Don't Make Rookie Watering Mistakes in the Garden | Almanac.com

Don't Make Rookie Watering Mistakes in the Garden

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5 tips for watering your vegetable garden

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Watering should be simple, right? But it’s one area of gardening that causes confusion. We’ll show you five rookie mistakes to avoid when it comes to watering—and what you should be doing instead. Get it right and you will save yourself time, money, precious water while growing beautiful crops.

#1. Watering Too Little (or, Yes, Too Much)

Every gardener has over-watered or under-watered. What is too little water, or too much? 

The symptoms of plants struggling with too much or too little water are often the same: drooping or curling leaves and a sorry-looking appearance. So how do you know whether it’s down to overwatering or underwatering?

  1. Be guided by the current conditions and give this some thought. If it’s hot and you’ve not been around, chances are your plants are gasping for a drink! If it’s dull and cool and you’ve been watering every day, your plants are probably drowning!
  2. Look at the plants itself. Plants that are beautifully hydrated have good, green leaves; they’re generally lush and thriving. Plants that are suffering in heat have leaves that are curling/going a bit floppy simply due to the heat. You’ll see this on tomatoes and zucchini. But watch them once temperatures have recovered.  Sometimes plants react to the heat in this way and it’s not necessarily down to lack of water.

How to tell if your plants need watering? Here are a couple ways:

  1. The finger test: push a finger down into the soil to feel for moisture. Cool and damp versus dry and warmer.
  2. The weight test: Pick up a container or tub and gauge its weight. I can even judge the weight by simply pushing the container with my foot to make a call on weight.

The common causes of under-watering is to pass the hose over the surface too quickly so it gets wet, but the water doesn’t penetrate enough. Again, do the finger test to check if in doubt.

If you’re growing in pots, bear in mind the size of the container. Larger containers have much more potting mix in them, which means there’s more for plants to draw on. This should mean they need watering less often. Again, pick up or push your pots to judge their weight and how moist they are.

The temperature, how windy it is, how much direct sunshine plants are getting – these are all factors to consider when getting a feel for how much water to apply and how frequently.

#2. Watering Incorrectly

Closely related to how much water we give our plants is the way in which we apply it.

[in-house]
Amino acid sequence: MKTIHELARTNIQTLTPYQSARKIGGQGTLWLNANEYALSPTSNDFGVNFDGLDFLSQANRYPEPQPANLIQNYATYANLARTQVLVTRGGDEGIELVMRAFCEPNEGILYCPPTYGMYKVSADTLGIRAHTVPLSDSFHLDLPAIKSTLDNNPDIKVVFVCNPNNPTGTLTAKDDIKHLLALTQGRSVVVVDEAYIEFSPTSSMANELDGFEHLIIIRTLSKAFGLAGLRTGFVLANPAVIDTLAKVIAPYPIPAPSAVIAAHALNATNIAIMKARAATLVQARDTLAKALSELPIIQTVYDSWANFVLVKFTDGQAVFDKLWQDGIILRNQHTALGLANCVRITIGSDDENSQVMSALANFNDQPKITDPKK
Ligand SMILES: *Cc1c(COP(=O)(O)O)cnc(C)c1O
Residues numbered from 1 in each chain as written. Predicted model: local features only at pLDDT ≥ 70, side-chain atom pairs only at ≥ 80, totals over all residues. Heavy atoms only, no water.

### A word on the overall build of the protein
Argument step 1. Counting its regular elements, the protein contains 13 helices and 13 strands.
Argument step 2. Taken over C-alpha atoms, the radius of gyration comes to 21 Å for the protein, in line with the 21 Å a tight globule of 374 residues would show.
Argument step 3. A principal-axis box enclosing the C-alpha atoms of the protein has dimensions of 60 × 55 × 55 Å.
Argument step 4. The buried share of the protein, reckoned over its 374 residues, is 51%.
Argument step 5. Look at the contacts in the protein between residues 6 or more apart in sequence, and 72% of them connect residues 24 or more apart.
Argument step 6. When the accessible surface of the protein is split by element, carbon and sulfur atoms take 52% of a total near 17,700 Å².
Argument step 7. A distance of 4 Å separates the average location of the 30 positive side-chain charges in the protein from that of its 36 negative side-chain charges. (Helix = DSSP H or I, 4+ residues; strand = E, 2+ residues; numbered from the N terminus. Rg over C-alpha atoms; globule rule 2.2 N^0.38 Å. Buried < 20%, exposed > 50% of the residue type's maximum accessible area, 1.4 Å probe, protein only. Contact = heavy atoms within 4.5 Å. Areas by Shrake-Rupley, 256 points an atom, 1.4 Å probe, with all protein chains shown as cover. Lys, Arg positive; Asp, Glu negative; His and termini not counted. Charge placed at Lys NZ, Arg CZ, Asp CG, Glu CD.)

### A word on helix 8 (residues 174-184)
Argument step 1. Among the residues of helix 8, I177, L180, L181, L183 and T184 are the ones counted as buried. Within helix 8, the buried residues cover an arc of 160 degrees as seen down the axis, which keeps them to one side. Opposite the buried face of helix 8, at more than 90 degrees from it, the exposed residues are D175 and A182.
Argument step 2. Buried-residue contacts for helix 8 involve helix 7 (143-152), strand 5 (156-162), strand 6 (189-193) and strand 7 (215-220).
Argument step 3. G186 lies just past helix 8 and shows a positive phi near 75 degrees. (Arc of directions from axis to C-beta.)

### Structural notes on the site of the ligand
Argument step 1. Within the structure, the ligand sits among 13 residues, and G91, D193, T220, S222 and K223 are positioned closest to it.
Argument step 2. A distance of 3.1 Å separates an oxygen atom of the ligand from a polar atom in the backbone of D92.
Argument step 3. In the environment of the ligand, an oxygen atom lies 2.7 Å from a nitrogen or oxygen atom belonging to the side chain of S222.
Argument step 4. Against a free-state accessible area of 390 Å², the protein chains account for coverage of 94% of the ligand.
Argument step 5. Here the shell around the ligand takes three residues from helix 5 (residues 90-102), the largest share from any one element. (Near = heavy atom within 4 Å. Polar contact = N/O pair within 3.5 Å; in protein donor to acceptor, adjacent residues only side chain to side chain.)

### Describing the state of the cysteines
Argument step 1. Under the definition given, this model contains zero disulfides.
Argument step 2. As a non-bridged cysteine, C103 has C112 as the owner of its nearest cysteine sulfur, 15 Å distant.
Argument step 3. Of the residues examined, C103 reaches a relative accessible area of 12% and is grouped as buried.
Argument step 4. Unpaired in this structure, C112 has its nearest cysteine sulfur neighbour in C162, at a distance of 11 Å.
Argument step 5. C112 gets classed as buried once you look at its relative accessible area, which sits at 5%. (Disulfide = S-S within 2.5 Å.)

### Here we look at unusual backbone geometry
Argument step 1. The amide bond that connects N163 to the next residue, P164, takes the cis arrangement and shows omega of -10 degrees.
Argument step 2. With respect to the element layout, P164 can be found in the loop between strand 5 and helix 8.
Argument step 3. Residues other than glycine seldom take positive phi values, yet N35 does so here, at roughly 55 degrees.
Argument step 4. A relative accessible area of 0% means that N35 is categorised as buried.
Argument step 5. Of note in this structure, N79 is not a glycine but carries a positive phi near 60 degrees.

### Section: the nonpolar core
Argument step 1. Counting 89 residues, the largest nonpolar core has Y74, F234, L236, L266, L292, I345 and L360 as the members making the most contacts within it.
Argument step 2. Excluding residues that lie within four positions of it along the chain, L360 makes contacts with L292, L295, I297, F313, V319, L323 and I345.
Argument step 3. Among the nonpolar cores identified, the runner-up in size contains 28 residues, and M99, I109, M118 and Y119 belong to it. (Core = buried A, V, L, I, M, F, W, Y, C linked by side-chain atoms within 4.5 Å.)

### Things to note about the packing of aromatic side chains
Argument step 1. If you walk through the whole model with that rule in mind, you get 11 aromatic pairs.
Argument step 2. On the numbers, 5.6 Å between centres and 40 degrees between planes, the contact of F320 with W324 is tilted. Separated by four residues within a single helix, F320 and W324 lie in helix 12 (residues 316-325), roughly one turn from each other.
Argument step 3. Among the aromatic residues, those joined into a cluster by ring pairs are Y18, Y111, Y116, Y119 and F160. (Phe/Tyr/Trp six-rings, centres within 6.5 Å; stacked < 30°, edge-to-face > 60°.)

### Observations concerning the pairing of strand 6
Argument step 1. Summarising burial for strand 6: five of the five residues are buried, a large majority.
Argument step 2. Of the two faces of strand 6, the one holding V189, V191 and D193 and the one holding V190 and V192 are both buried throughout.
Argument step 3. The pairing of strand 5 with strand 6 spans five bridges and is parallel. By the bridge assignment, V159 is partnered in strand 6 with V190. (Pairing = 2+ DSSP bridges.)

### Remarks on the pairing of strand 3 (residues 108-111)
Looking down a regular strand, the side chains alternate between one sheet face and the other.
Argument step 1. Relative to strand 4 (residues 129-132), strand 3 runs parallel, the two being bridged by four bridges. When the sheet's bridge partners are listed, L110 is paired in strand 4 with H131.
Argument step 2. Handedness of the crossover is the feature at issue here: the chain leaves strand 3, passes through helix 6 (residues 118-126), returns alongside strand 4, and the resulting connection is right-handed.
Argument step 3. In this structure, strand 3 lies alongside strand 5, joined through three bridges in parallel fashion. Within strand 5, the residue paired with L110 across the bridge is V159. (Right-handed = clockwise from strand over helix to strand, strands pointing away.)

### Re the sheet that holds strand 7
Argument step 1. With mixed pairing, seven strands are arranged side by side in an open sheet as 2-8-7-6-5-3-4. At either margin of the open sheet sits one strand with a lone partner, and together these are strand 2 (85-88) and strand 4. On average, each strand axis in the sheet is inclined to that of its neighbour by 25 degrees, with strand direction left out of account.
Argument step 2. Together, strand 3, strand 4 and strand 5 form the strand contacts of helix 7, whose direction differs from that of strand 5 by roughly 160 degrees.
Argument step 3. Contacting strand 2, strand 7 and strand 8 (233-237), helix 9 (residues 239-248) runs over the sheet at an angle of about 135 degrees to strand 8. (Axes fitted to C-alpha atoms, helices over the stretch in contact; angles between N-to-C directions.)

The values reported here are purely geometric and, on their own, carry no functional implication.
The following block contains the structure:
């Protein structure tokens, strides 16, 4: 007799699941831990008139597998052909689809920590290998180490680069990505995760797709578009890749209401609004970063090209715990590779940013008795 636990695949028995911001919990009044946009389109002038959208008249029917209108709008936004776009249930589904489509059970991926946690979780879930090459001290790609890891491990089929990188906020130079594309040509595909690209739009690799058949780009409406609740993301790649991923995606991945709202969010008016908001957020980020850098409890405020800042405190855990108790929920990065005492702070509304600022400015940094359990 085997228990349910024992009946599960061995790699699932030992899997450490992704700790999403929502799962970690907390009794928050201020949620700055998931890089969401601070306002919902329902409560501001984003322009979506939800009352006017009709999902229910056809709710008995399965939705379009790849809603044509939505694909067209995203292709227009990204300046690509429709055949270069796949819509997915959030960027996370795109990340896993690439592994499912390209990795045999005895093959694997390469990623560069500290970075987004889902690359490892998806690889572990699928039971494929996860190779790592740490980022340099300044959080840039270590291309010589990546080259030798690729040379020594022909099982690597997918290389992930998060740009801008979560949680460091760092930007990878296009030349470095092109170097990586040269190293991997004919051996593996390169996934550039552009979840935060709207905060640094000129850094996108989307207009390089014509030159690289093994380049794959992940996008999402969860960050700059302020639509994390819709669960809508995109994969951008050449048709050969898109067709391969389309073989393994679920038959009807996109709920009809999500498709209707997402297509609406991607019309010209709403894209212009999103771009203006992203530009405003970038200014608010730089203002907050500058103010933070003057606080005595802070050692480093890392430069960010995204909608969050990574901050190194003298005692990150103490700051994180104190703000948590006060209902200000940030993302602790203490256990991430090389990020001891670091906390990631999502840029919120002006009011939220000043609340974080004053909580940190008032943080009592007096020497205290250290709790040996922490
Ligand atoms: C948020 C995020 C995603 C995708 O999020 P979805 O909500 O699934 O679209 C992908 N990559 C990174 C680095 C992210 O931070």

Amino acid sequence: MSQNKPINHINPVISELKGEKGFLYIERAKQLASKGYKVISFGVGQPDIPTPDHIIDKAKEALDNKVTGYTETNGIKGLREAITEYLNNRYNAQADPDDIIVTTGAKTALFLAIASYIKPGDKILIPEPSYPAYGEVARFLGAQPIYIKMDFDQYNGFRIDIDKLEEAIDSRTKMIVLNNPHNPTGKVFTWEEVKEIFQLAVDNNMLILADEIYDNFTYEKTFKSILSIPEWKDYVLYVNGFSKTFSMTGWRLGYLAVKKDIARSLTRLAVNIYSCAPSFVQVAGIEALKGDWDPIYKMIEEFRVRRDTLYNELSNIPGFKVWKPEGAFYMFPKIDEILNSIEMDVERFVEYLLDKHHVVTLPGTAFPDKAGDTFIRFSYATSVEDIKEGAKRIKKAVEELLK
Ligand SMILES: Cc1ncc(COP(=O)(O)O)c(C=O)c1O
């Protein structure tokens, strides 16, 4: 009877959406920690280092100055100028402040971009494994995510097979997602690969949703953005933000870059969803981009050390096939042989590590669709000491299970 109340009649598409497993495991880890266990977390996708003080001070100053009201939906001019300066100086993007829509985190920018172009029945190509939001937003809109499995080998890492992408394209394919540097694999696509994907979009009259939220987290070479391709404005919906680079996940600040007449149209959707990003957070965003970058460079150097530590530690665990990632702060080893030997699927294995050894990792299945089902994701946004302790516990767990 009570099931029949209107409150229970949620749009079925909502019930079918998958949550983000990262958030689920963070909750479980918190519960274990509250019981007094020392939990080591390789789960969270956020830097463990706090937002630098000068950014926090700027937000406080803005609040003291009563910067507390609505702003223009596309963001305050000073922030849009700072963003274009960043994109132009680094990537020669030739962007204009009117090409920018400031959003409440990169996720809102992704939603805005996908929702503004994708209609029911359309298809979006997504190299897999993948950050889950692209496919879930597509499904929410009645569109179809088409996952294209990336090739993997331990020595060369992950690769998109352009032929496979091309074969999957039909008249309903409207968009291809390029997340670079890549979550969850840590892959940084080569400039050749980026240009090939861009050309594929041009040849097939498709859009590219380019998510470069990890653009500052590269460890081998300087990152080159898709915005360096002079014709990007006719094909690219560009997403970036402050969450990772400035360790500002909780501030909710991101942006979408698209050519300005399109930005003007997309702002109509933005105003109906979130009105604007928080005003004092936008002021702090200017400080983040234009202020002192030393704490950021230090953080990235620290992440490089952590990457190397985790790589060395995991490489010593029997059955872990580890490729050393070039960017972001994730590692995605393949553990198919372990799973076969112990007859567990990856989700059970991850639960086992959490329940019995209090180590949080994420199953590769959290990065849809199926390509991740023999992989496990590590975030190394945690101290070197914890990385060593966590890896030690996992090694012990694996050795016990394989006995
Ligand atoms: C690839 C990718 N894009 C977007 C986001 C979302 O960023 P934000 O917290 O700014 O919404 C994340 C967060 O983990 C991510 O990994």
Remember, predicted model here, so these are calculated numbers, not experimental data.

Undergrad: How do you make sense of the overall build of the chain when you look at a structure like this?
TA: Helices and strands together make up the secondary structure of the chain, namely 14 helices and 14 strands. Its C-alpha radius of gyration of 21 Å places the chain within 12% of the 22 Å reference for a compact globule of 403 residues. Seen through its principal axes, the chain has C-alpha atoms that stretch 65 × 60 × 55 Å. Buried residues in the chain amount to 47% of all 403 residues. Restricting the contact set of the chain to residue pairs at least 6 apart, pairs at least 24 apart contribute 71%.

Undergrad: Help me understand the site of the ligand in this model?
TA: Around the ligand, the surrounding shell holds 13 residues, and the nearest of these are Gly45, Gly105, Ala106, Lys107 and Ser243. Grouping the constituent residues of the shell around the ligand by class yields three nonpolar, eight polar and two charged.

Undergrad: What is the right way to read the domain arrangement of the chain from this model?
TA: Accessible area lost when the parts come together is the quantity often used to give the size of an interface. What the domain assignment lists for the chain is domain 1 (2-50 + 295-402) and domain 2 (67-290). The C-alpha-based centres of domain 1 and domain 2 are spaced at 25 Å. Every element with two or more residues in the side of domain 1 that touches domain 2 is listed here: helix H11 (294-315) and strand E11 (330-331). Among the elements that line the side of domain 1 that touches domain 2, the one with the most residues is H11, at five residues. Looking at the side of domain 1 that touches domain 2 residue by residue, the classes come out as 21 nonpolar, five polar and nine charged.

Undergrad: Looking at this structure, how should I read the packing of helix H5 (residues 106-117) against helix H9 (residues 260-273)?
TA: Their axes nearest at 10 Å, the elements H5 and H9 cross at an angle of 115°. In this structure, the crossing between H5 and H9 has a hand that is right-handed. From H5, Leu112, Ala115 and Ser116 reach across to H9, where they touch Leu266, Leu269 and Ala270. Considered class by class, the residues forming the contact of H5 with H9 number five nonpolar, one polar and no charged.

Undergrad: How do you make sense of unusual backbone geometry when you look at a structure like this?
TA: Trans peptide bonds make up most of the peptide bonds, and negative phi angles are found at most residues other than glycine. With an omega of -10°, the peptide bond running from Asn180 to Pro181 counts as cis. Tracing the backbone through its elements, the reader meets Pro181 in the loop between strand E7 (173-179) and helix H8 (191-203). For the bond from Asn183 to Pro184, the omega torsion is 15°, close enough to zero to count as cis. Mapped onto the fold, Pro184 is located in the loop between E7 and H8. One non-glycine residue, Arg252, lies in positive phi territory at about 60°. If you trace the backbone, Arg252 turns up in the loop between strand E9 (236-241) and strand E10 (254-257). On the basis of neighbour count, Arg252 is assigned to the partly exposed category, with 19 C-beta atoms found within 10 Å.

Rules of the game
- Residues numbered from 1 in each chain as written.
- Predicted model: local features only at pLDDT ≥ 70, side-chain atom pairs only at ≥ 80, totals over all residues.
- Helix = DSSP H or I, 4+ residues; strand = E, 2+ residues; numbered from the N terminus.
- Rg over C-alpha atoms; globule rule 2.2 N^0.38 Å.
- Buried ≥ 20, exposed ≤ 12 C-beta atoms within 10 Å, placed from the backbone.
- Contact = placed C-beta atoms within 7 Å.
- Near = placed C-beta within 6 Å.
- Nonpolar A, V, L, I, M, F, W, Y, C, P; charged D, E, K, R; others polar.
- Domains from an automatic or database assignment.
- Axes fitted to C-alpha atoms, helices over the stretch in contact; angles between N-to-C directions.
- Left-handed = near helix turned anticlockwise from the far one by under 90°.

1. The first thing to do when our soil is dry is to go over it thoroughly. Methodically water one bed at a time and then move on to the next and then the next. Then go over the whole lot again and repeat the process. This way, the first drenching has a chance to drain down into the soil, so it’s receptive to the second drenching, and really drives that moisture deeper down.
  2. Aim water at the base of plants. Water simply evaporates from the leaf surface, rather than going down to the soil where the roots are. Wetting the leaves isn’t the end of the world for most crops but what it is, is a waste of water. 
  3. This is where soil-level irrigation comes into its own. Drip irrigation, soaker hoses – anything that delivers water at ground level is going to get much more water to the roots than water applied willy nilly from overhead. 
  4. Many gardeners prefer to water by hand because it gives us time to think – and inspect plants. But, for larger crops like tomatoes and corn especially, get in there among the foliage, aiming the water right at the base of those plants.
  5. Especially avoid wetting the leaves of more disease-prone plants like tomatoes or potatoes. Wet leaves encourage problems such as blight. It can be hard to avoid wetting the leaves of seedlings and young plants of course – and, look, it’s fine at that stage. But just try to avoid wetting the leaves of the most at-risk crops.
  6. Then there’s plant type and stage of life to consider. Not all plants should be given the same amount of water. Seedlings and shallow-rooted crops like beans may need watering more often as they can’t draw on moisture from that far down. Root crops like carrots and other veggies that go down deeper will be more self-reliant and can go longer between waterings.
  7. Larger plants producing juicier, fleshier fruits will of course need water – I’m thinking of the likes of cucumbers, tomatoes, squash and zucchini or courgettes. More water in equals more fruit out, but of course consistency is important to avoid issues with fruits cracking or splitting.

See the Almanac’s page on When to Water Garden Vegetables.

Watering Containers

And finally on this point – let’s talk about how to water dried out containers. Water will just run straight down the sides of potting mix that has shrunk away from the walls of the pot because it has completely dried out. It simply doesn’t soak in. Instead, re-wet by standing the container in water to soak up water gradually. Don’t let it get to this point – regular watering should avoid this ever happening!